More Lycopene?

Vendors of cooked tomato products are quick to point out that such products may contain “more lycopene” than raw tomatoes, or at least that it may be more bioavailable.  Obviously, as our moms told us, cooking fruits and vegetables is a tradeoff, as vitamins are damaged and minerals are extracted, and generally, a losing proposition, as I wrote in my Medium article on Eating for Immune function, with a lot of Vitamin C, B vitamins, and other nutrients being destroyed.

However, and this is one of the very rare exceptions, we have an apparent conundrum with cooked tomatoes.  Research from credible organizations like Cornell reports that trans-lycopene, cis-lycopene, and total antioxidants increased in their cooking experiment.  I am still waiting for the full text, and, being 18 years later, it may never arrive.  Besides, there was no attempt by the authors to explain a mechanism by which more lycopene is formed.  I was not able to find any expanation of such a mechanism by searching Google, because there is no such mechanism.

You can see the roots of the deception in that the actual published (?) paper’s abstract talks about the amount of lycopene properly, as a ratio, a concentration, so to speak, per gram of tomato (remaining) :

Whereas the often parroted press release from Cornell conveniently (?) OMITS the “per gram”, and lists the percentages as absolute increases, as in “However, the research revealed that the beneficial trans-lycopene content of the cooked tomatoes increased by 54, 171 and 164 percent, respectively.” – You can see that they are purposely misstating the concentration difference between roughly 2 mg/g (parts per  million, basically), and say 3.11 mg/ per gram of tomato,  and 3 and a bit is indeed about 54% more than 2.  But there was no visit by the Lycopene Fairy, there was NOT more lycopene, there was more lycopene per gram of cooked tomato, which was losing water, presumably, as it was being cooked.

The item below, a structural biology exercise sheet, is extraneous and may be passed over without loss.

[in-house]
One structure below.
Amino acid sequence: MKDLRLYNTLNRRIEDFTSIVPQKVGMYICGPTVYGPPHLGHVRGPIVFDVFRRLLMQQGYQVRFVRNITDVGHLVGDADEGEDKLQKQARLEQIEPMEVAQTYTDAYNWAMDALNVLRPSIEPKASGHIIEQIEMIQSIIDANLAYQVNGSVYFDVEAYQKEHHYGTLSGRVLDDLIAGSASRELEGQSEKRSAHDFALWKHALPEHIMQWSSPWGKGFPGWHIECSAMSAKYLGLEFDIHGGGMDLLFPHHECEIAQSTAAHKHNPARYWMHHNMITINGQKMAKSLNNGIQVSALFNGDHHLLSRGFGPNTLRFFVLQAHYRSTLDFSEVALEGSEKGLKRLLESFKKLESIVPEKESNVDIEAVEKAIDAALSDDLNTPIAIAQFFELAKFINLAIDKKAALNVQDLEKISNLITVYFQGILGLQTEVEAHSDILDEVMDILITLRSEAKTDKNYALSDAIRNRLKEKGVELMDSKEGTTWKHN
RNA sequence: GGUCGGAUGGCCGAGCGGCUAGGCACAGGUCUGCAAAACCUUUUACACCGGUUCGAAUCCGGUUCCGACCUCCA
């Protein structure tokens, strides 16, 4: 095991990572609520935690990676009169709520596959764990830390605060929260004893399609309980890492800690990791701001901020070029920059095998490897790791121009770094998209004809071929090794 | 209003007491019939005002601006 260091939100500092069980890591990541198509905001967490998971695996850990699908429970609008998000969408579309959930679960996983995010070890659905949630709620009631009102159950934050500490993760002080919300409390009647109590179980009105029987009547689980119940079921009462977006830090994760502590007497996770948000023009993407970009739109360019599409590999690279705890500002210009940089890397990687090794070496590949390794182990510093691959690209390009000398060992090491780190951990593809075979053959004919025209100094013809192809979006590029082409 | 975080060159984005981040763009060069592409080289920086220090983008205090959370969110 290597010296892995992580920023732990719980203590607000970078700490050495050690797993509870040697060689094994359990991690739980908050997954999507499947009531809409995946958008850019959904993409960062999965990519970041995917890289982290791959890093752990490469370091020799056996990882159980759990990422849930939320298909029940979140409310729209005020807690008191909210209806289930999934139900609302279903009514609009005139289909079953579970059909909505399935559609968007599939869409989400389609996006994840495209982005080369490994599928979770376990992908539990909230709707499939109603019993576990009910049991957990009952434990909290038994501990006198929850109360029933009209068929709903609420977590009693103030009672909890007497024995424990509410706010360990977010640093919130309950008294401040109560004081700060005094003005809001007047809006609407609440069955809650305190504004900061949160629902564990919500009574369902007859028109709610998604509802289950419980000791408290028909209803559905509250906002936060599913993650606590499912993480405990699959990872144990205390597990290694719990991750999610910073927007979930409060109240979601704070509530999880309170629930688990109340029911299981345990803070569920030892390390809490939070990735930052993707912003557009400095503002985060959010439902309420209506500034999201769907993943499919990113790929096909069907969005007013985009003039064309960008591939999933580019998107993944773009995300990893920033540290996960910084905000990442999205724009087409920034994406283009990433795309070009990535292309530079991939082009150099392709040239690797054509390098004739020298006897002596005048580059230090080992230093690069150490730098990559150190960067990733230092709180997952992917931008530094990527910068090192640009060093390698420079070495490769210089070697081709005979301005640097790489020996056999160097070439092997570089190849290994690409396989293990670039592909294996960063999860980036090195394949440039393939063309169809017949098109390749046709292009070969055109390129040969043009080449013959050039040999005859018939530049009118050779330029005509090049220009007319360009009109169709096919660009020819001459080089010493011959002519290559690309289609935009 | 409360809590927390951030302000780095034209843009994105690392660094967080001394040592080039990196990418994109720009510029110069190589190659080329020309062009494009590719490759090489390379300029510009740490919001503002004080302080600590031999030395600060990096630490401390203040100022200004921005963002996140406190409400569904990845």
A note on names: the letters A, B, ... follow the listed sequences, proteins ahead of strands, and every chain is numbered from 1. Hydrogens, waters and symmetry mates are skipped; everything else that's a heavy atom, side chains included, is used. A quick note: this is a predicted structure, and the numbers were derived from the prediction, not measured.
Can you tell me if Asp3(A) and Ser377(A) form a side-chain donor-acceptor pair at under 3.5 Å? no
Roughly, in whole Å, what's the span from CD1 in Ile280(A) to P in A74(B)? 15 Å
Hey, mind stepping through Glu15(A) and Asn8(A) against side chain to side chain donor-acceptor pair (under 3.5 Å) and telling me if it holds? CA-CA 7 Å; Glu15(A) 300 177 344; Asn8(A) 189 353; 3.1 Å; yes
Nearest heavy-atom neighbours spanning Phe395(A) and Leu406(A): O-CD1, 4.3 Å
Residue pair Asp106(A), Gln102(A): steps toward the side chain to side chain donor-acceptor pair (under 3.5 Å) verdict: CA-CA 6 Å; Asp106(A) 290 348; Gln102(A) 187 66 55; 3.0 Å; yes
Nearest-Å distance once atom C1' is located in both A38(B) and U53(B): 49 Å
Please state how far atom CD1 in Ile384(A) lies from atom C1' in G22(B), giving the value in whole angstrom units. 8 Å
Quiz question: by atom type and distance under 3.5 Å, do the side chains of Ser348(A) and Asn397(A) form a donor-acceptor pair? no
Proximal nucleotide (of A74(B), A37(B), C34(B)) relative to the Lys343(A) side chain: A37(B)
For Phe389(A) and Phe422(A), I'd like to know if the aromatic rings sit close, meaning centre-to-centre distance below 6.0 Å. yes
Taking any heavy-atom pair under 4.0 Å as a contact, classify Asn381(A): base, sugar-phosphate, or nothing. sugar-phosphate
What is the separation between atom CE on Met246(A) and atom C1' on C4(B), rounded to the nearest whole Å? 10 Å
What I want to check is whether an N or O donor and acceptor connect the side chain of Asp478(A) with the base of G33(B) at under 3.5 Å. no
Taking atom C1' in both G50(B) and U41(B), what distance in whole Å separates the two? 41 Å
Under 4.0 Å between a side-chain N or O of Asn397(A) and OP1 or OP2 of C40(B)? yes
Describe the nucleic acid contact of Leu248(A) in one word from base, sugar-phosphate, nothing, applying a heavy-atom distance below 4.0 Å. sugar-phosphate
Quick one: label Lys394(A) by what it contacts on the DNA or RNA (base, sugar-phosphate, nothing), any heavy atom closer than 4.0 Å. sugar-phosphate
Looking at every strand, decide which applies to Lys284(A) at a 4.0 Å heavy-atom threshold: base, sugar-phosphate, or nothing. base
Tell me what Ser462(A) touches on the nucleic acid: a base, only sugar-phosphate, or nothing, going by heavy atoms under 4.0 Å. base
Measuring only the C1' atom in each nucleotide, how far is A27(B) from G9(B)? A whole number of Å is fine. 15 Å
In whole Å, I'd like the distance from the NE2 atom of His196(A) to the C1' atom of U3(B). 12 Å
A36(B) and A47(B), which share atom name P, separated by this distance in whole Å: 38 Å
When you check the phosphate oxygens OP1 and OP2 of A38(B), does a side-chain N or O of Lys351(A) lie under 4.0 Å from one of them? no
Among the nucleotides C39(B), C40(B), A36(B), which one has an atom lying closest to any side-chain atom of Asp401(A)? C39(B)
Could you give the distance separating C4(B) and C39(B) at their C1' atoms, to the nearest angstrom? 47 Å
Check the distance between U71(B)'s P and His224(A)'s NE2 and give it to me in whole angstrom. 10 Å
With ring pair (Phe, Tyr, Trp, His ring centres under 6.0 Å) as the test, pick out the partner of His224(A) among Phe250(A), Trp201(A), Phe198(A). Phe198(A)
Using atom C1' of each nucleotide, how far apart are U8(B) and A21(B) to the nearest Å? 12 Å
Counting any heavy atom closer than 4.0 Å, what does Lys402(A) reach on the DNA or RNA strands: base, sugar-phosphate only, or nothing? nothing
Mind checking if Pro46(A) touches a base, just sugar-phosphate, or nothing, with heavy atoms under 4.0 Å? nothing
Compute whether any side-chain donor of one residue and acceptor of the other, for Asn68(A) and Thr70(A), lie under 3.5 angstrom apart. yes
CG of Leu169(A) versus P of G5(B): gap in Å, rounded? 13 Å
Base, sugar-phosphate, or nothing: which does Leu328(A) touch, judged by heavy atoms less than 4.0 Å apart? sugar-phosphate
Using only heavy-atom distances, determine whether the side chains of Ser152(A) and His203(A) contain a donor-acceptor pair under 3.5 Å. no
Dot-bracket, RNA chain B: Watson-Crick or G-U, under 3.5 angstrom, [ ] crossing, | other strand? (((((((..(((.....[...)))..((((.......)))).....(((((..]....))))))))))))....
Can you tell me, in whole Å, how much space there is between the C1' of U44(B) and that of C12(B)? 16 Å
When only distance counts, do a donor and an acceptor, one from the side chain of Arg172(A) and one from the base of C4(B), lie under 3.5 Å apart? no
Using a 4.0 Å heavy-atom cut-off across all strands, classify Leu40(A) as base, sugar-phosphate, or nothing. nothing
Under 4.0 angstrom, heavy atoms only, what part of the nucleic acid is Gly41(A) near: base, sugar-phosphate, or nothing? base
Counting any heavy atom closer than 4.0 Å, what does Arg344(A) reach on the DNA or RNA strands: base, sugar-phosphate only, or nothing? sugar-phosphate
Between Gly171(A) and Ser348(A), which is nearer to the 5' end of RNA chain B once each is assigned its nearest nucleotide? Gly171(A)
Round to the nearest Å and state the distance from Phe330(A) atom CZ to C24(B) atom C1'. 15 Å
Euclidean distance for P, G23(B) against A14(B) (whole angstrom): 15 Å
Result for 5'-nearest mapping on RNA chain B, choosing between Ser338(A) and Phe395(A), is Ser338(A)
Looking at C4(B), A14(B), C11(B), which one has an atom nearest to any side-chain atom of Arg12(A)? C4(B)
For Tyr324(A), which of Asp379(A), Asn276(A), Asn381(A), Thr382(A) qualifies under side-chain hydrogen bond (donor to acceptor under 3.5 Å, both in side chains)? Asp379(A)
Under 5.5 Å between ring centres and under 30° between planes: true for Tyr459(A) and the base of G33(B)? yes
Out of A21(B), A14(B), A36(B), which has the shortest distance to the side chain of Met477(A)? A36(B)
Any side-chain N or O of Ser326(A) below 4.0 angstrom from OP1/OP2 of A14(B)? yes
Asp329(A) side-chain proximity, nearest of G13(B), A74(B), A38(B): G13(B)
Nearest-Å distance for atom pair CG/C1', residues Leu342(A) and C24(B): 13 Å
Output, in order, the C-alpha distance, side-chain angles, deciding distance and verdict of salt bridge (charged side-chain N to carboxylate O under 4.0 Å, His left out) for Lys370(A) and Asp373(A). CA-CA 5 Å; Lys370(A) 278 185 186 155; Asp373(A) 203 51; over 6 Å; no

So, the actual finding is that, as you drive off water with heat, the non-water substances become more concentrated….Amazing!  Stop the presses!  Your tax dollars at work – to deceive you.


Some have questioned the industry influences on Cornell University, and even T. Colin Campbell has noted issues.  This research was funded by the US Department of Agriculture (USDA), a marketing organization famous for such gems as the Four Food Groups, and in NO WAY a public health organization.  The USDA’s mission has 7 points, only one of which pretends to be about health.

Other research shows degradation of lycopene of 50% after an hour of low simmering (100 C), and more at higher temperatures.   Baking at 350 F (177 C), probably the most popular lasagna baking temperature, for an hour destroyed a third.

Could it be that the Cornell research was fabricated, that the choice of 2, 15, and 30 minutes of cooking time was in full knowledge of the truth?

Not coincidentally, if you ask Google recipe how long to simmer tomato sauce, you get a list of “slow simmered”, and MULTI-DAY sauce recipes.  The answer Google gives is :

Is it possible that the brilliant minds at the Ivy Leage institution of Cornell have never made tomato sauce?  Or maybe, don’t know how to use Google?  Or maybe that they were hired to produce a finding, and were willing to contort a study to give apparent support to that finding?

This summary contains a valuable bibliography, including a reminder that research suggests that a minimum of 5 to 10 g of fat in a meal is required for the absorption of carotenoids.  A data table shows the concentrations of lycopene per 100 grams of various food products, and, indeed the processed (cooked) tomato products have the highest values for lycopene, but, remember, substantial damage to Vitamin C and B-vitamins.

It’s worth noting, and my suggestion, that guava,  watermelon, raw tomatoes, and even papaya, are great sources of lycopene, naturally, as part of their intact nutritional package.  It is worth remembering that nutrition is a Goldilocks issue, and the highest source of X may not be the best source of X, “just right” trumps “more”.  in addition, water can be considered a nutrient, given that our human bodies are made of 70+% of it.

Further, if you are a person who represents a faith in a Creator, do you understand why we get berries, watermelon, and tomatoes in the summer?  Isn’t that an amazing coincidence?  Think about it, and act accordingly.



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40 years in pursuit of health and dynamic wellness, now a thriving 50-something after 25+ years veg*n.  On the Intermittent Fasting train in a big way.

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